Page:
In the same vein, if moisture appears in plaster tiles on the floor, you can simply replace the lower tiles with waterproof tiles or installawaterproofing layer (i.e. damp coursing). Another solution is to create an electromagnetic field opposite to that which causes the capillary action (it's an expensive process though!) The water is pushed down and the walls dry up (although some scientists remain sceptical...)
Now let’s look at solutions that prevent water from coming into contact with the walls. They all require digging a trench down to the base of the foundations.
House perimeter drainage
Peripheral drainage evacuates groundwaterbefore it reaches the foundations. In order for the drainage to be effective, it must be carried out with precision: depth level with the foundations; pipe gradient of 3-10 mm/m towards a sump; perforated 100mm-diameter pipe; 20cm gravel and geotextile to avoid clogging of the drain.
Waterproofing of walls
Buried walls can be waterproofed through the application of athick bitumen product and the laying of a "rubbery" sealing membrane with screws or nails.
'Casing' consists of creating awatertightbox to protect the foundations from potential groundwater shifts or flash flooding.
Buried walls can be waterproofed
How to limit the damage caused by damp?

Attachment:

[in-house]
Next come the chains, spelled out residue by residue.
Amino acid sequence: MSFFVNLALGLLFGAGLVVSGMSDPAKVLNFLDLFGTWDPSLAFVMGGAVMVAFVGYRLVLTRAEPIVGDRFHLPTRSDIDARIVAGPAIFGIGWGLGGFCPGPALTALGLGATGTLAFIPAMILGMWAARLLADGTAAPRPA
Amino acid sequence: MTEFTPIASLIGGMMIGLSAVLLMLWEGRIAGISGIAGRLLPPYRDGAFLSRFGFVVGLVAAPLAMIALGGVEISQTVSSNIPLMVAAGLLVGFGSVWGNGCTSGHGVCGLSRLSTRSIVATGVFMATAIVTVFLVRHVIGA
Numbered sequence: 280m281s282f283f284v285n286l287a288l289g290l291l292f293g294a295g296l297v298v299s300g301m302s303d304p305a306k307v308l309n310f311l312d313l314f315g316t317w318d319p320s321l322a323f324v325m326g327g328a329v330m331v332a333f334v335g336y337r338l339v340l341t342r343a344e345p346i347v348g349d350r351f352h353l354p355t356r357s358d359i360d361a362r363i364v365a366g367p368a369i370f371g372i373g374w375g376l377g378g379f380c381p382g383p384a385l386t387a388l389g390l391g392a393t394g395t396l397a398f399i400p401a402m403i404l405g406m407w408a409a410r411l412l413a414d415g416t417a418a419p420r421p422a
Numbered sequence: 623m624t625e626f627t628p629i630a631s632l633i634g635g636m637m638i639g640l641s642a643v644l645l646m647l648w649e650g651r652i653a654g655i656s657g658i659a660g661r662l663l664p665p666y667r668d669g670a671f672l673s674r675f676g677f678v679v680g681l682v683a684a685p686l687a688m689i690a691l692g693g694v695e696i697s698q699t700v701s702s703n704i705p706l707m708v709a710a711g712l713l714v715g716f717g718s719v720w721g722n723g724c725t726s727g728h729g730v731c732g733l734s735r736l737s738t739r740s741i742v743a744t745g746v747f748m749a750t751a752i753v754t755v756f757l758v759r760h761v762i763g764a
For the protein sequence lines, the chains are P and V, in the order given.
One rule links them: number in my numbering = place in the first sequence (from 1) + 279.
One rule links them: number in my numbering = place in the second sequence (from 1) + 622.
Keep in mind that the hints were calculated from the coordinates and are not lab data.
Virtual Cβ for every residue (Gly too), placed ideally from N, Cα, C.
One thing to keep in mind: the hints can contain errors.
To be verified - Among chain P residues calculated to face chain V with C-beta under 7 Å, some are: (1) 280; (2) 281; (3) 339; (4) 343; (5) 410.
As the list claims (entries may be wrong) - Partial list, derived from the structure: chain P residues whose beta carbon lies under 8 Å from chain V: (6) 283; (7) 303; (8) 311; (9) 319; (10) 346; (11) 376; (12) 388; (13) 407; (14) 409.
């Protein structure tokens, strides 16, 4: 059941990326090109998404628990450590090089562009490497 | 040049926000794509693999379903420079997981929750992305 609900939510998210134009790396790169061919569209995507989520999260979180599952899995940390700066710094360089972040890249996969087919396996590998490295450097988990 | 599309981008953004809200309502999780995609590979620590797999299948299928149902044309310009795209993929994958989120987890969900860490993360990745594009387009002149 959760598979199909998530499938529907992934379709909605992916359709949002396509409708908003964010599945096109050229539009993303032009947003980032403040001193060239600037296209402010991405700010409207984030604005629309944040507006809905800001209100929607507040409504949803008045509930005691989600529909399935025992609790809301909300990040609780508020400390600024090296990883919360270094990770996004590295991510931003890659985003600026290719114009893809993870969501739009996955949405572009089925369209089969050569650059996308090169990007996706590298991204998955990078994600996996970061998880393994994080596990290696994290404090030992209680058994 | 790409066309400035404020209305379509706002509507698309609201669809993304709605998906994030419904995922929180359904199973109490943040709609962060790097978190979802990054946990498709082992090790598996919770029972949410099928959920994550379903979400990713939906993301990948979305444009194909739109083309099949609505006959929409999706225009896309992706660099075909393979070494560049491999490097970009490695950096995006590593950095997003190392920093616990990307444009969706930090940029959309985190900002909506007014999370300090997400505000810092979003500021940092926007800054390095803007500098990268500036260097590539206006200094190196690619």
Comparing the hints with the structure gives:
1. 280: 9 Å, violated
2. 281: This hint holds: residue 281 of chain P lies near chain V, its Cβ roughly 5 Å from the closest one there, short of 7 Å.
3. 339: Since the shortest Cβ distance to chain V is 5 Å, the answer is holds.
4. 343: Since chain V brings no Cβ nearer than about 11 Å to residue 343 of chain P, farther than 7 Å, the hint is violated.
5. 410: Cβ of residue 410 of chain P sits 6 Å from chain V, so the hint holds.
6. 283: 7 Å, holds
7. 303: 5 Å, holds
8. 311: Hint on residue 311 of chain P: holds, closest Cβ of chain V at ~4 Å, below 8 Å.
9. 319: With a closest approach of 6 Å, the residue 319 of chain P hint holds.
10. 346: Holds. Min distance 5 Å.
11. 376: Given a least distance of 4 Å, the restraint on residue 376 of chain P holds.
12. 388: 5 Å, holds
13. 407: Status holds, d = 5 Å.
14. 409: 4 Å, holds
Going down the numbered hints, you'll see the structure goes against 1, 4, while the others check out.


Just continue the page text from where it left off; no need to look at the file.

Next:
If you don't want to get into serious renovation work, you can still mitigate the effects of indoor moisture by applying specialized paints such as:
- Plaster hardener - improves the response of plaster to finishing paint;
- Preventive or curative anti-humidity paint, applied wet walls before finishing;
- Anti-condensation paint that limits condensation in wet rooms;
- Anti-saltpetre treatment which, as the name suggests, removes saltpetre from walls;
- Microporous waterproof mortar - very well suited to basements and cellars;
- Anti-slip treatment for slippery floors;
- Flooring fixer for improved adhesion of floor paints.
Final tips for choosing
First of all, identify the causes as accurately as you can. Damp can have various origins and taking measures against problems that aren't there won't help you!
Treating damp, even on a very localized scale, will improve your comfort and even your health, as well as preventing your property from deteriorating and losing value.
Learn more about combatting damp...
To find out more about combatting damp, follow our editors' advice and check out their other guides:
Guide written by:
Dennis, self-taught DIYer, Bristol, 18 guides
I started doing DIY 10 years or so ago, when I bought a house that needed to be renovated. After having installed loft isolation, and having refurbished the bathroom, the toilets, the kitchen, the bedrooms… I built an extension, installed a new fence with a gate and kitted out the house with a solar panel to make hot water. I have poured tens of tonnes of concrete into slabs or into the foundations and renovated the roof… I can say that building materials and tools are no stranger to me! If I had a pound for every hour spent looking up information in forums and DIY magazines to find solutions to my problems, I'd be a millionaire! So passing on my knowledge on tools and home equipment is natural, as it is just giving back what I borrowed.